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Megan Mitchell National Children’s Commissioner Friday 7 March 2014 The Right to Participate National Children’s Week Council Meeting facebook.com/MeganM4Kids.

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Presentation on theme: "Megan Mitchell National Children’s Commissioner Friday 7 March 2014 The Right to Participate National Children’s Week Council Meeting facebook.com/MeganM4Kids."— Presentation transcript:

1 Megan Mitchell National Children’s Commissioner Friday 7 March 2014 The Right to Participate National Children’s Week Council Meeting facebook.com/MeganM4Kids

2 National Children’s Commissioner functions 1) Submitting a report to the Minister as soon as practicable after 30 June in each year; 2) promoting discussion and awareness of matters relating to the human rights of children in Australia; 3) undertaking research, or educational or other programs, to promote respect for and the enjoyment and exercise of the human rights of children in Australia; and 4) examining and reporting on existing and proposed Commonwealth laws to ascertain whether they recognise and protect the human rights of children. (Australian Human Rights Commission Act 1986 (Cth))

3 Face to face workshops Survey Postcards

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13 The right to be heard (Article 12) “States Parties shall assure to the child who is capable of forming his or her own views the right to express those views freely in all matters affecting the child, the views of the child being given due weight in accordance with the age and maturity of the child.” Convention on the Rights of the Child, Article 12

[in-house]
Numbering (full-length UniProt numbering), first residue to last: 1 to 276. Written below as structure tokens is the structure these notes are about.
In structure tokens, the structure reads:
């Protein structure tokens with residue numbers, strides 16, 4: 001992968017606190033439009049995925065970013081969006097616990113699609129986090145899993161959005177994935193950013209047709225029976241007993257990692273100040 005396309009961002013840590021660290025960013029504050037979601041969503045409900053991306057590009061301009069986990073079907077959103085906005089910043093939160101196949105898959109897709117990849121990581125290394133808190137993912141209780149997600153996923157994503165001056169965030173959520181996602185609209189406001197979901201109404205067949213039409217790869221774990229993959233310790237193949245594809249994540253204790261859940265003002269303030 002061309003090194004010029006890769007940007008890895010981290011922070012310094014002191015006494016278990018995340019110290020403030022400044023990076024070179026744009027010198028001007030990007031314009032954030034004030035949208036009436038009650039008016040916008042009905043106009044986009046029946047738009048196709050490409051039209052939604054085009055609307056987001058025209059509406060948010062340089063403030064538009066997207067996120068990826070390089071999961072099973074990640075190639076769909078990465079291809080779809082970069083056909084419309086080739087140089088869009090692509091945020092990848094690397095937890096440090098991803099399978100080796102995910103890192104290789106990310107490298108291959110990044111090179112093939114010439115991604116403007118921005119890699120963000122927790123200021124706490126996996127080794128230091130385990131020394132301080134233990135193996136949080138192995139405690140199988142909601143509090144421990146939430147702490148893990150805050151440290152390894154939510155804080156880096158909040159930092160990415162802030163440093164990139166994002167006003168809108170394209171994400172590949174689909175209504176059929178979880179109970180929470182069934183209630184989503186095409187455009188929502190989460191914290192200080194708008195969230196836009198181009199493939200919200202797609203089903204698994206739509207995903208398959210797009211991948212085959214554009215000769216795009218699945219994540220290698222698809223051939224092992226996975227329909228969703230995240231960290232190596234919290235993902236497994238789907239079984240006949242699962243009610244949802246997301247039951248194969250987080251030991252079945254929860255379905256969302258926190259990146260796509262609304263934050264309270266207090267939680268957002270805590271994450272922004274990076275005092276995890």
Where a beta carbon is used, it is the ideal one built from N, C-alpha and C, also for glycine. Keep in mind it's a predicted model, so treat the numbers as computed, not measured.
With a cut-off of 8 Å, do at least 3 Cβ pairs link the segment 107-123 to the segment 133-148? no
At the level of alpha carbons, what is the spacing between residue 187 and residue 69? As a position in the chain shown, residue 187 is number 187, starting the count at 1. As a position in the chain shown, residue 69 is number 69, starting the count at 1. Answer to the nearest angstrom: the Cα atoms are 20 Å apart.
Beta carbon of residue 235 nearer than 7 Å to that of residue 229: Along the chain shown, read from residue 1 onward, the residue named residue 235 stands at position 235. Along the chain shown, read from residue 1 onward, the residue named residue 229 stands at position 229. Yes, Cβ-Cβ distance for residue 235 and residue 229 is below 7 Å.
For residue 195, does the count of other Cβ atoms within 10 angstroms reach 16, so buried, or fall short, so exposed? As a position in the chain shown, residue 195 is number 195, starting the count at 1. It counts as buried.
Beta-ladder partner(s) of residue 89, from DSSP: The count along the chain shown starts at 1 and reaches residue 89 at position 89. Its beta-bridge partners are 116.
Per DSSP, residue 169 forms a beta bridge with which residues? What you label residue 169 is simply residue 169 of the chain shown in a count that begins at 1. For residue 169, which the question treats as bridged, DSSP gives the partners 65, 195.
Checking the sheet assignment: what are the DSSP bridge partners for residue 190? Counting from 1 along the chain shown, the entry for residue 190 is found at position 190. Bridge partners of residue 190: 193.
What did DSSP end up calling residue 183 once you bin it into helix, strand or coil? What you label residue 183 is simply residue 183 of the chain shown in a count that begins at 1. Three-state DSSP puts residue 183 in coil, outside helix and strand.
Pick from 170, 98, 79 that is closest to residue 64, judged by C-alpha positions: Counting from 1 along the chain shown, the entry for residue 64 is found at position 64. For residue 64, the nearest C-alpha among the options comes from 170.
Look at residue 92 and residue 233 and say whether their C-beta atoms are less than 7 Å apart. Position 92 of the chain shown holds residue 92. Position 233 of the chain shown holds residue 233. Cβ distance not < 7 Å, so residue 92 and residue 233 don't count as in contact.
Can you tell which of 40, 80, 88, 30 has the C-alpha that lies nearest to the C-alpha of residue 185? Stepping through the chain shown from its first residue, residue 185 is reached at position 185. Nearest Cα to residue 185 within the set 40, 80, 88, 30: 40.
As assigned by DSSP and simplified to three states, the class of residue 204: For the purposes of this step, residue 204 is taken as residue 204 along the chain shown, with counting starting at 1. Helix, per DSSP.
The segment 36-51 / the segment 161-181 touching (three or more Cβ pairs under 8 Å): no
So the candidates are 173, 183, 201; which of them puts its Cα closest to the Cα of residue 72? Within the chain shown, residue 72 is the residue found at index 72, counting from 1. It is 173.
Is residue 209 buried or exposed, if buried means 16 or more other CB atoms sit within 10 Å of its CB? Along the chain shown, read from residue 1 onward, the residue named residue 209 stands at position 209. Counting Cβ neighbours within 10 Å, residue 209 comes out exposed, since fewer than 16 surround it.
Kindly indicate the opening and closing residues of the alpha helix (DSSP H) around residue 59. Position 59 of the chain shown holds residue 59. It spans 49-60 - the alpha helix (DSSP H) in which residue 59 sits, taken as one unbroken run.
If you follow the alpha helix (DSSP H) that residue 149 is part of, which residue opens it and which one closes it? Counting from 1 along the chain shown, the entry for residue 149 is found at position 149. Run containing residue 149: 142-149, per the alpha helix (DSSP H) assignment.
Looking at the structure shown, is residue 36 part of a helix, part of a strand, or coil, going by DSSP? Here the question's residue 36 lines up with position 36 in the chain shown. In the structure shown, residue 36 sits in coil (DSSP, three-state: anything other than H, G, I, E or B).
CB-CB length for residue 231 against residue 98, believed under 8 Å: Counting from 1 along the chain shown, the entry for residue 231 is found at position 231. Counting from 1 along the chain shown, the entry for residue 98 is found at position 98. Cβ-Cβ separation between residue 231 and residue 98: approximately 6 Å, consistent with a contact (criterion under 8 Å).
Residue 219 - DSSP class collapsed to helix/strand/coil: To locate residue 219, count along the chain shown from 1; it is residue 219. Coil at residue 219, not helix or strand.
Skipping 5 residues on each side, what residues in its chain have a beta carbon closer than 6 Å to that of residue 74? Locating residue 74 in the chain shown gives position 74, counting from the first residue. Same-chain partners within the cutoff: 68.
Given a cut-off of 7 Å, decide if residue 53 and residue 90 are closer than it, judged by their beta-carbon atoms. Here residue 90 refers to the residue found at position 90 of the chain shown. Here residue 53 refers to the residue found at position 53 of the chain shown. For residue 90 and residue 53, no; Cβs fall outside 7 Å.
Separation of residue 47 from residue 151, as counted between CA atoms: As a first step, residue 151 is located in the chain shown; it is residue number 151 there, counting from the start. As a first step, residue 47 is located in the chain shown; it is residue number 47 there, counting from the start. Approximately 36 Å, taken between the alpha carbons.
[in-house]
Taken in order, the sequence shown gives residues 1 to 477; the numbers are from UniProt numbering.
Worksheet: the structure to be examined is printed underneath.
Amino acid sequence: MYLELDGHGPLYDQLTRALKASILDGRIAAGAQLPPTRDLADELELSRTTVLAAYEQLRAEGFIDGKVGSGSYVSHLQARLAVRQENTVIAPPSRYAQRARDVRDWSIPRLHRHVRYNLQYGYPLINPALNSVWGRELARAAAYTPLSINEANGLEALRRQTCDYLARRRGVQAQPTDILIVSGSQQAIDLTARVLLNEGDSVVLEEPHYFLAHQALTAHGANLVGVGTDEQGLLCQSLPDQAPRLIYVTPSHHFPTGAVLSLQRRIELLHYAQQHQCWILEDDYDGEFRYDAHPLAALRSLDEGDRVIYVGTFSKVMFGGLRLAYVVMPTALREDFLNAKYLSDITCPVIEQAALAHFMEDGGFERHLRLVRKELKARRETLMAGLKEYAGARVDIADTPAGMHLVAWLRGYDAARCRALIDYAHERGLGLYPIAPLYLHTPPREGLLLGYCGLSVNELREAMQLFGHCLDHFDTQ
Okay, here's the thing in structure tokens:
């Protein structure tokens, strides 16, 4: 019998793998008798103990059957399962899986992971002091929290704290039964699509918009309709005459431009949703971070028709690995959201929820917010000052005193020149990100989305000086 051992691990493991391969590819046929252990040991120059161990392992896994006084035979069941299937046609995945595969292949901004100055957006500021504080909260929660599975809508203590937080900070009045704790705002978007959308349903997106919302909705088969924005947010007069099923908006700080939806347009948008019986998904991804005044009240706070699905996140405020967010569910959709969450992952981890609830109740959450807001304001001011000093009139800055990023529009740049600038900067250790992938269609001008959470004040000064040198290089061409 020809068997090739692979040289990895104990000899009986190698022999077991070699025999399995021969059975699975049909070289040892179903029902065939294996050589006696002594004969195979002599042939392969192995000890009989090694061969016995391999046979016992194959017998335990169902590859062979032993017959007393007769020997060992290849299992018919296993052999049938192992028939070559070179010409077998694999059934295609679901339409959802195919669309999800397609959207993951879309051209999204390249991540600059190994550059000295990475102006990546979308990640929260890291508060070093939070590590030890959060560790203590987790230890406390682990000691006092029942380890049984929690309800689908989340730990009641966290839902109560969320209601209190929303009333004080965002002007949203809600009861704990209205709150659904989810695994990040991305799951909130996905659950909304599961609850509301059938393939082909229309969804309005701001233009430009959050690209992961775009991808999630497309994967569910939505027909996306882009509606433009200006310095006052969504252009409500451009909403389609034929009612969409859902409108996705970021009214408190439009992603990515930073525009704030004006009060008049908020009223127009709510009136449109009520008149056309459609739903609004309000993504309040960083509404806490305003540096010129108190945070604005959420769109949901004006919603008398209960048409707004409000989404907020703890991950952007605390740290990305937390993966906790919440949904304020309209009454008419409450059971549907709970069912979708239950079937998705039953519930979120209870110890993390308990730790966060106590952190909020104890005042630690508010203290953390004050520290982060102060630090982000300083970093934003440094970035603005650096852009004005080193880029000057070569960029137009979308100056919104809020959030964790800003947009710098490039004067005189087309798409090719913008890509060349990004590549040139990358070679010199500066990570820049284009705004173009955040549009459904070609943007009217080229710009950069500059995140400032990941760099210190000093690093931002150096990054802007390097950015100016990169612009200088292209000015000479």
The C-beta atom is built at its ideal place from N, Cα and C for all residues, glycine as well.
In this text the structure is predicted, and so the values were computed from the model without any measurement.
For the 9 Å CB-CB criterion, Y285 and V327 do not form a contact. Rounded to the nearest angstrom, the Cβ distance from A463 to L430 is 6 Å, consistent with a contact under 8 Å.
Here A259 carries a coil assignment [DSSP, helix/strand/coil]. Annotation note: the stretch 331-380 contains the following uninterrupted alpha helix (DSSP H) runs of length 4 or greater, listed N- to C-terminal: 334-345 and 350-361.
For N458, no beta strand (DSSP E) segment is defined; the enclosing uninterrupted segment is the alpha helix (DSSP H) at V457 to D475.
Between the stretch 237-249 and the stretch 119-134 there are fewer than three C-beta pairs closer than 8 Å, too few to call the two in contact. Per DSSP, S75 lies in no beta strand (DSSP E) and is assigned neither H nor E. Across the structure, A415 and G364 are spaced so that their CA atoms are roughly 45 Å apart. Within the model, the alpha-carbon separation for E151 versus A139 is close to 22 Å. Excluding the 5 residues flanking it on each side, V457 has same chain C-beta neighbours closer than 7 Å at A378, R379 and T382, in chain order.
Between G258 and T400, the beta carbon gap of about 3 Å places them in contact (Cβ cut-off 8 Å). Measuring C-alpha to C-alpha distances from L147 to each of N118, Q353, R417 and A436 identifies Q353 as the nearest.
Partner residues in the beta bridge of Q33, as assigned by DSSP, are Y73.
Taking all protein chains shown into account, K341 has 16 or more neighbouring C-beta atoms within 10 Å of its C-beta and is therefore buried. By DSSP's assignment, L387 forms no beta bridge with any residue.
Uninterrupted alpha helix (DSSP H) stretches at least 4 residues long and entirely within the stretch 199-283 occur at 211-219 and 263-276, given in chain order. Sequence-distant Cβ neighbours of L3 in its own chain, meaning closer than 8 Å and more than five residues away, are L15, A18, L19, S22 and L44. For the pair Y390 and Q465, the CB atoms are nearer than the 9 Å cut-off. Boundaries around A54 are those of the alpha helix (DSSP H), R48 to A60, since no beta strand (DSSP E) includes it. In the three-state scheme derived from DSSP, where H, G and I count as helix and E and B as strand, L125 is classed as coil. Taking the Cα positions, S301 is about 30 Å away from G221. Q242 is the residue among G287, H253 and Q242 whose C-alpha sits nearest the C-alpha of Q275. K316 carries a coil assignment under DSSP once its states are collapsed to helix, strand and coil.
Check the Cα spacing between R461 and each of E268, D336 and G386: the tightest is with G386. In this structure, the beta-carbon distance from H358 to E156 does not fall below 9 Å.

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17 Survey responses Life would be better for children and young people in Australia if… “They got the chance to be heard more, we are often not allowed to voice our opinions or be who we really are and this is the cause for a lot of problems.”

18 Survey responses Life would be better for children and young people in Australia if… “We were able to have more of a say in politics. I believe I and many of my class mates have a deep enough understanding of our government that our votes in elections and referendums would be worthwhile and informed. Perhaps young people could begin voting at, say, the age of 13 (first teen year) or even 15?”

19 Survey responses Life would be better for children and young people in Australia if… “Adults and older people were more open to our ideas and thinking.”

20 Survey responses Life would be better for children and young people in Australia if… “We were included in a lot more things. Also if we weren't pushed around by bigger people simply just because they're bigger. It is just not fair for us. They only do it because they want more power than they are already given. It would also help if we were given a little bit of power too.”

21 “I think it’s important that everyone goes to school, gets an education and understands the importance of positive participation in the community. But I know that this doesn’t always happen. Even in a country like Australia…”


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